Tweeting, meeting, and reading

Tweeting. My latest foray into social media is Twitter. I know, SO late to the party. But I jumped in and am slowly, mindfully following people and organizations. I’m even gathering a few followers of my own. The next step would be to actually Tweet. As soon as I have something Tweet-worthy to share with my 13 followers, I’ll be right on that.

Meeting. Much more fun is meeting in person with real people, in my opinion. Last week I had lunch with a writer who published a memoir several years ago. She had some valuable insights about working with an agent and a large publishing house, and gave me a contact at a “publishing services” agency that offers a menu of services for writers. I believe this may be the direction I will go for my book. Using the expertise of the Alliance for Independent Authors and others, I can find a reputable and affordable group of professionals to help me edit, promote, and distribute my book.

Reading. I read Stephen King’s On Writing last week. King is an “organic” writer, meaning he doesn’t really do outlines or elaborate plot summaries. The stories just flow from one original idea into a multi-hundred page,  super-suspenseful novel. It seems to me he is so practiced at his craft that he has no need to write down an outline. It’s all in his head organizing itself like a horror-genre supercomputer. I admire this, but I was bogged down last week, knowing I had a major revision ahead of me and unsure how to execute it. For that reason, I did not find his book helpful. I did enjoy reading it, though.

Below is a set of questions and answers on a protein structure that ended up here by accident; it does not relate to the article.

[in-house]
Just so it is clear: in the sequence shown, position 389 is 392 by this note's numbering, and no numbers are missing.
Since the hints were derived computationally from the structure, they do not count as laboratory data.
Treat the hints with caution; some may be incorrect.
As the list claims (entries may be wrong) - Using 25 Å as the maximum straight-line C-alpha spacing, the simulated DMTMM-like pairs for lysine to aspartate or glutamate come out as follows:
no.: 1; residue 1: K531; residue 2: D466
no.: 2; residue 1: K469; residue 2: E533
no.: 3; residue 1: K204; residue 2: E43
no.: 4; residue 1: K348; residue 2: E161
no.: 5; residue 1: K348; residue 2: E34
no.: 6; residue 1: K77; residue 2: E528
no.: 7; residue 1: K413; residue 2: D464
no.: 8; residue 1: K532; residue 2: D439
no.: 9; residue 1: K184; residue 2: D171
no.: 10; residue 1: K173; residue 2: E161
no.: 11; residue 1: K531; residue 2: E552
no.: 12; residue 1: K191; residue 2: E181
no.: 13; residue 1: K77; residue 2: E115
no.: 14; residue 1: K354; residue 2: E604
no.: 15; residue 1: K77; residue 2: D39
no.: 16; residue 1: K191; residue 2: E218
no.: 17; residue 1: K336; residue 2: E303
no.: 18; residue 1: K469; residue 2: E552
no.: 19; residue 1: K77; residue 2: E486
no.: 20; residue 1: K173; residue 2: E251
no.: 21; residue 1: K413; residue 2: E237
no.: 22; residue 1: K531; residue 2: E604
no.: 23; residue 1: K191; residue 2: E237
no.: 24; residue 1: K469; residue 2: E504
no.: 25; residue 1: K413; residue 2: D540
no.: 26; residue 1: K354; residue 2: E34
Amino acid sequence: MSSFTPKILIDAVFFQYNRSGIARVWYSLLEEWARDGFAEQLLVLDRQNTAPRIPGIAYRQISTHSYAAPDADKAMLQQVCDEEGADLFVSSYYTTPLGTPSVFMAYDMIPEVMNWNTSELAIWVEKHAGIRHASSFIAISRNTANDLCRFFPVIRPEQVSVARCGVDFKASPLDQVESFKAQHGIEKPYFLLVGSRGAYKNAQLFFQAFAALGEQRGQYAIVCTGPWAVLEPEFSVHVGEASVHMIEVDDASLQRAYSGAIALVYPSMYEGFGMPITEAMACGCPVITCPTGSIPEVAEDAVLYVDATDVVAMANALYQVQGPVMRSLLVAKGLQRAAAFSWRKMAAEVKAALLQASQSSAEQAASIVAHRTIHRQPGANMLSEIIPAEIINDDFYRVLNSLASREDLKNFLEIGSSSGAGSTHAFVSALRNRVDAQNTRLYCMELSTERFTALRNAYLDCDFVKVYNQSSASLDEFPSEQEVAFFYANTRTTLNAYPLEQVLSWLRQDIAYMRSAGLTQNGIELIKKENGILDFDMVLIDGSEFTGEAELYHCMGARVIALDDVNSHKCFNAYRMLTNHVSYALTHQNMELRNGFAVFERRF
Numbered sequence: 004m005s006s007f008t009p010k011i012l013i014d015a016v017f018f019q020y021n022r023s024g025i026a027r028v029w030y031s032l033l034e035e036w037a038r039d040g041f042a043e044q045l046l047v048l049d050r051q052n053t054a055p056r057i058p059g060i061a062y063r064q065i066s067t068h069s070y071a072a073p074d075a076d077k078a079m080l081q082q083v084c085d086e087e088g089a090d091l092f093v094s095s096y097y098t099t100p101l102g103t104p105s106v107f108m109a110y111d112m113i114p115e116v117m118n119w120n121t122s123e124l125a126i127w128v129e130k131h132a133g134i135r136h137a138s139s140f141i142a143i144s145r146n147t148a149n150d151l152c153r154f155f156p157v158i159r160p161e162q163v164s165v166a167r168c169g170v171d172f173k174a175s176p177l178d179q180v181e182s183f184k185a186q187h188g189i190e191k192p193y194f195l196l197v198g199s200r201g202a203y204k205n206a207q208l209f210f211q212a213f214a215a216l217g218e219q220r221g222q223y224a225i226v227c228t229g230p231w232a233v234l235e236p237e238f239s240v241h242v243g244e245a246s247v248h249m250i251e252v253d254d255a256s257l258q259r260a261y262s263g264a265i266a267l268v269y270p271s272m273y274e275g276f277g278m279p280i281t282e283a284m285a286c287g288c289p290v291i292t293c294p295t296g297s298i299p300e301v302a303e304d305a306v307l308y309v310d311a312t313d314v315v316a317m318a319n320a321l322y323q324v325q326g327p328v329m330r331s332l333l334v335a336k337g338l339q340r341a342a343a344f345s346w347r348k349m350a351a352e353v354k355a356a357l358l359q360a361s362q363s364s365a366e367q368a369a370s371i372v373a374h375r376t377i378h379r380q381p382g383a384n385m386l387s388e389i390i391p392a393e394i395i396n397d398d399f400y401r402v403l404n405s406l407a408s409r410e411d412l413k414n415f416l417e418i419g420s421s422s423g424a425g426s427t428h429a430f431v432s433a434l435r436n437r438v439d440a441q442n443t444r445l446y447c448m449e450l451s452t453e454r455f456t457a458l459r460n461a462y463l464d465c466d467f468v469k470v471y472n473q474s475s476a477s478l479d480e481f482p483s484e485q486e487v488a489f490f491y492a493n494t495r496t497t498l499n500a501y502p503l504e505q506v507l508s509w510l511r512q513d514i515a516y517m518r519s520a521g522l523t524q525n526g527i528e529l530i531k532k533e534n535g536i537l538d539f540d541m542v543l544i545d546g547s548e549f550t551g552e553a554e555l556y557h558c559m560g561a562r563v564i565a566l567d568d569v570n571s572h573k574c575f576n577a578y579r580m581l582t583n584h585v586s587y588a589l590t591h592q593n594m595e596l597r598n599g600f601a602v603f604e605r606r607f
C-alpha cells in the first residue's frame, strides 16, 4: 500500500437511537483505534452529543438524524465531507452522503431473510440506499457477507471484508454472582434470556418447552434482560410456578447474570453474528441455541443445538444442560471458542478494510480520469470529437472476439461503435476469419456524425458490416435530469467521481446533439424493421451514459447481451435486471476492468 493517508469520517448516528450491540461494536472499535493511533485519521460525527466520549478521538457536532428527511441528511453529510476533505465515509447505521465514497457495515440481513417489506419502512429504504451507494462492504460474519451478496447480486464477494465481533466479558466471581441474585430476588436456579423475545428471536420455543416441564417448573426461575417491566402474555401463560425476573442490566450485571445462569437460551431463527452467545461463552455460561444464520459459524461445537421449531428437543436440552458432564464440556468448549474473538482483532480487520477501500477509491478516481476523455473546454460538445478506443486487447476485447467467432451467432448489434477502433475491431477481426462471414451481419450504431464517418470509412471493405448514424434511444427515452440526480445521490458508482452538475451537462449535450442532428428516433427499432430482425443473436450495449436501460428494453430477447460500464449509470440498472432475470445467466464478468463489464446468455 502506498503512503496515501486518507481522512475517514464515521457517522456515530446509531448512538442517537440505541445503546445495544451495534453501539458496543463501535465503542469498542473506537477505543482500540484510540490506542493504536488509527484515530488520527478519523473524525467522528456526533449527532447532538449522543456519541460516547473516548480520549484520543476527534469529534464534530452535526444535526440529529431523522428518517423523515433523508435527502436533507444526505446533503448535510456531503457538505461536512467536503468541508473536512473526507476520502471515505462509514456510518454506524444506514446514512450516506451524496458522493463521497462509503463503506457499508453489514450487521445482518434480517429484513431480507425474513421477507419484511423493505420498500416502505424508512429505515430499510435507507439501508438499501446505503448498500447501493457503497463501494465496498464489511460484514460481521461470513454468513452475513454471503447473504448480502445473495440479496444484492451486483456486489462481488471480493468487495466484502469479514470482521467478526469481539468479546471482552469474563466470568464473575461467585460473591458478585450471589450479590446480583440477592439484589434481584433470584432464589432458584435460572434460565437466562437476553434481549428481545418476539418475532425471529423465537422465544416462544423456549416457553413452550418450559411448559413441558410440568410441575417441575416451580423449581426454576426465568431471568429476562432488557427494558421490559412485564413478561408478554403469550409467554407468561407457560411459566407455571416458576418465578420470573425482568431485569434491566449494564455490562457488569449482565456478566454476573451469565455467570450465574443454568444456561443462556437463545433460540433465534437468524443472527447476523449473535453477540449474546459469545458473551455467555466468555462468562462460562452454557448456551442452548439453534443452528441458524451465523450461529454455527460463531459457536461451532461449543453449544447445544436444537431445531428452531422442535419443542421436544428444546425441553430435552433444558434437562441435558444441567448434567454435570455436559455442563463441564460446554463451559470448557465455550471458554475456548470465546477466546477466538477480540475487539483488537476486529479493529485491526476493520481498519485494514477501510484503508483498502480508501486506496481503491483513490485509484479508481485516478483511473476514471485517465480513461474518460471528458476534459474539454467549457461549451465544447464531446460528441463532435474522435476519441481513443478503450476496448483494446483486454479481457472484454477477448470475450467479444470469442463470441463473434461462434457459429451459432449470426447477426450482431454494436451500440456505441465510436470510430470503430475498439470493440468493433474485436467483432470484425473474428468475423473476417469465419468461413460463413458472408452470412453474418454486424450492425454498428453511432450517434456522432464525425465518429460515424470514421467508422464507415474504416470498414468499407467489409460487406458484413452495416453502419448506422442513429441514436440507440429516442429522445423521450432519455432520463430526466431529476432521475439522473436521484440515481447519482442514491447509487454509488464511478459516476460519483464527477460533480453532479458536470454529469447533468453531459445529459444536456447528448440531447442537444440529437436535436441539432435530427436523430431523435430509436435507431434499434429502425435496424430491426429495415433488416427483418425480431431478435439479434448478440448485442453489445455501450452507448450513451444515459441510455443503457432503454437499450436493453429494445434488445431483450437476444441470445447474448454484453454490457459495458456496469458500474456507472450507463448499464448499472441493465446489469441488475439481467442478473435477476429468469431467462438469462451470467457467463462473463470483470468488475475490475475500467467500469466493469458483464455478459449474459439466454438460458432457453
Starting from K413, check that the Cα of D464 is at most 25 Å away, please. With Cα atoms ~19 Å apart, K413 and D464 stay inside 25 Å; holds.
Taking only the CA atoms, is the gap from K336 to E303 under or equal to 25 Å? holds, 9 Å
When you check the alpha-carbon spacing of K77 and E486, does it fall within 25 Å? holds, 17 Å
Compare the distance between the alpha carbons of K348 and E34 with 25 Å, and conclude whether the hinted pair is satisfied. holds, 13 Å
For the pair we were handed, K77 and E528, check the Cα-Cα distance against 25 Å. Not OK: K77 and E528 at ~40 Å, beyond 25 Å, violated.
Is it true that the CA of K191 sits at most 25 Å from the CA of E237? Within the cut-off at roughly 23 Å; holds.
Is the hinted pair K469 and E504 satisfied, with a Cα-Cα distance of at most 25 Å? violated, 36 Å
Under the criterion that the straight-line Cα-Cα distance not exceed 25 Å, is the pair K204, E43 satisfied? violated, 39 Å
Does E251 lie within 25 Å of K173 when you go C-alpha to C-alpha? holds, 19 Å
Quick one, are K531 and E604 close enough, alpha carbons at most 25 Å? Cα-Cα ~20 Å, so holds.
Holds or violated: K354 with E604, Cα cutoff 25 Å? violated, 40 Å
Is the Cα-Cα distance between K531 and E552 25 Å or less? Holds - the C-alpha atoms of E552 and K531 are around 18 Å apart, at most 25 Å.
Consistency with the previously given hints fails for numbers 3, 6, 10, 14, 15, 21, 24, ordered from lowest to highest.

Much more useful to me was Larry Brooks’ Story Engineering: Mastering the 6 Core Competencies of Successful Writing. This book would probably turn off writers who fancy themselves the next David Foster Wallace or Jonathan Franzen. Basically, anyone who hopes that  New Yorker book critic James Wood will one day give a glowing review to their novel should not read the book. However, any mere mortal who has a 500-page first draft of a novel that needs major revisions will appreciate this book. In a nutshell, Brooks takes cues from  screenplays and analyzes some major bestsellers (chief among them The DaVinci Code) to lay out the blueprint for a successful novel. As much as a tiny part of me wouldn’t mind getting a glowing review from James Wood, I have to admit that I eagerly consumed much of the advice in this book and am even now applying it to my revision.

Want to share, follow, or like this?
Follow by Email
Facebook
Facebook
Instagram
Pinterest
Pinterest
RSS
Posted in What I've Learned (It Might Help You!) and tagged , , , , .

Amy Maroney

I'm a writer living in the Pacific Northwest with my husband and daughters. It took 4 years to write and publish my first novel, The Girl from Oto. Before that I was a writer and editor of nonfiction. This blog charts my progress as an independent author navigating the fog-shrouded switchbacks of "authorpreneurship." Come along for the ride...I hope what I've learned along the way can help you, too!

Leave a Reply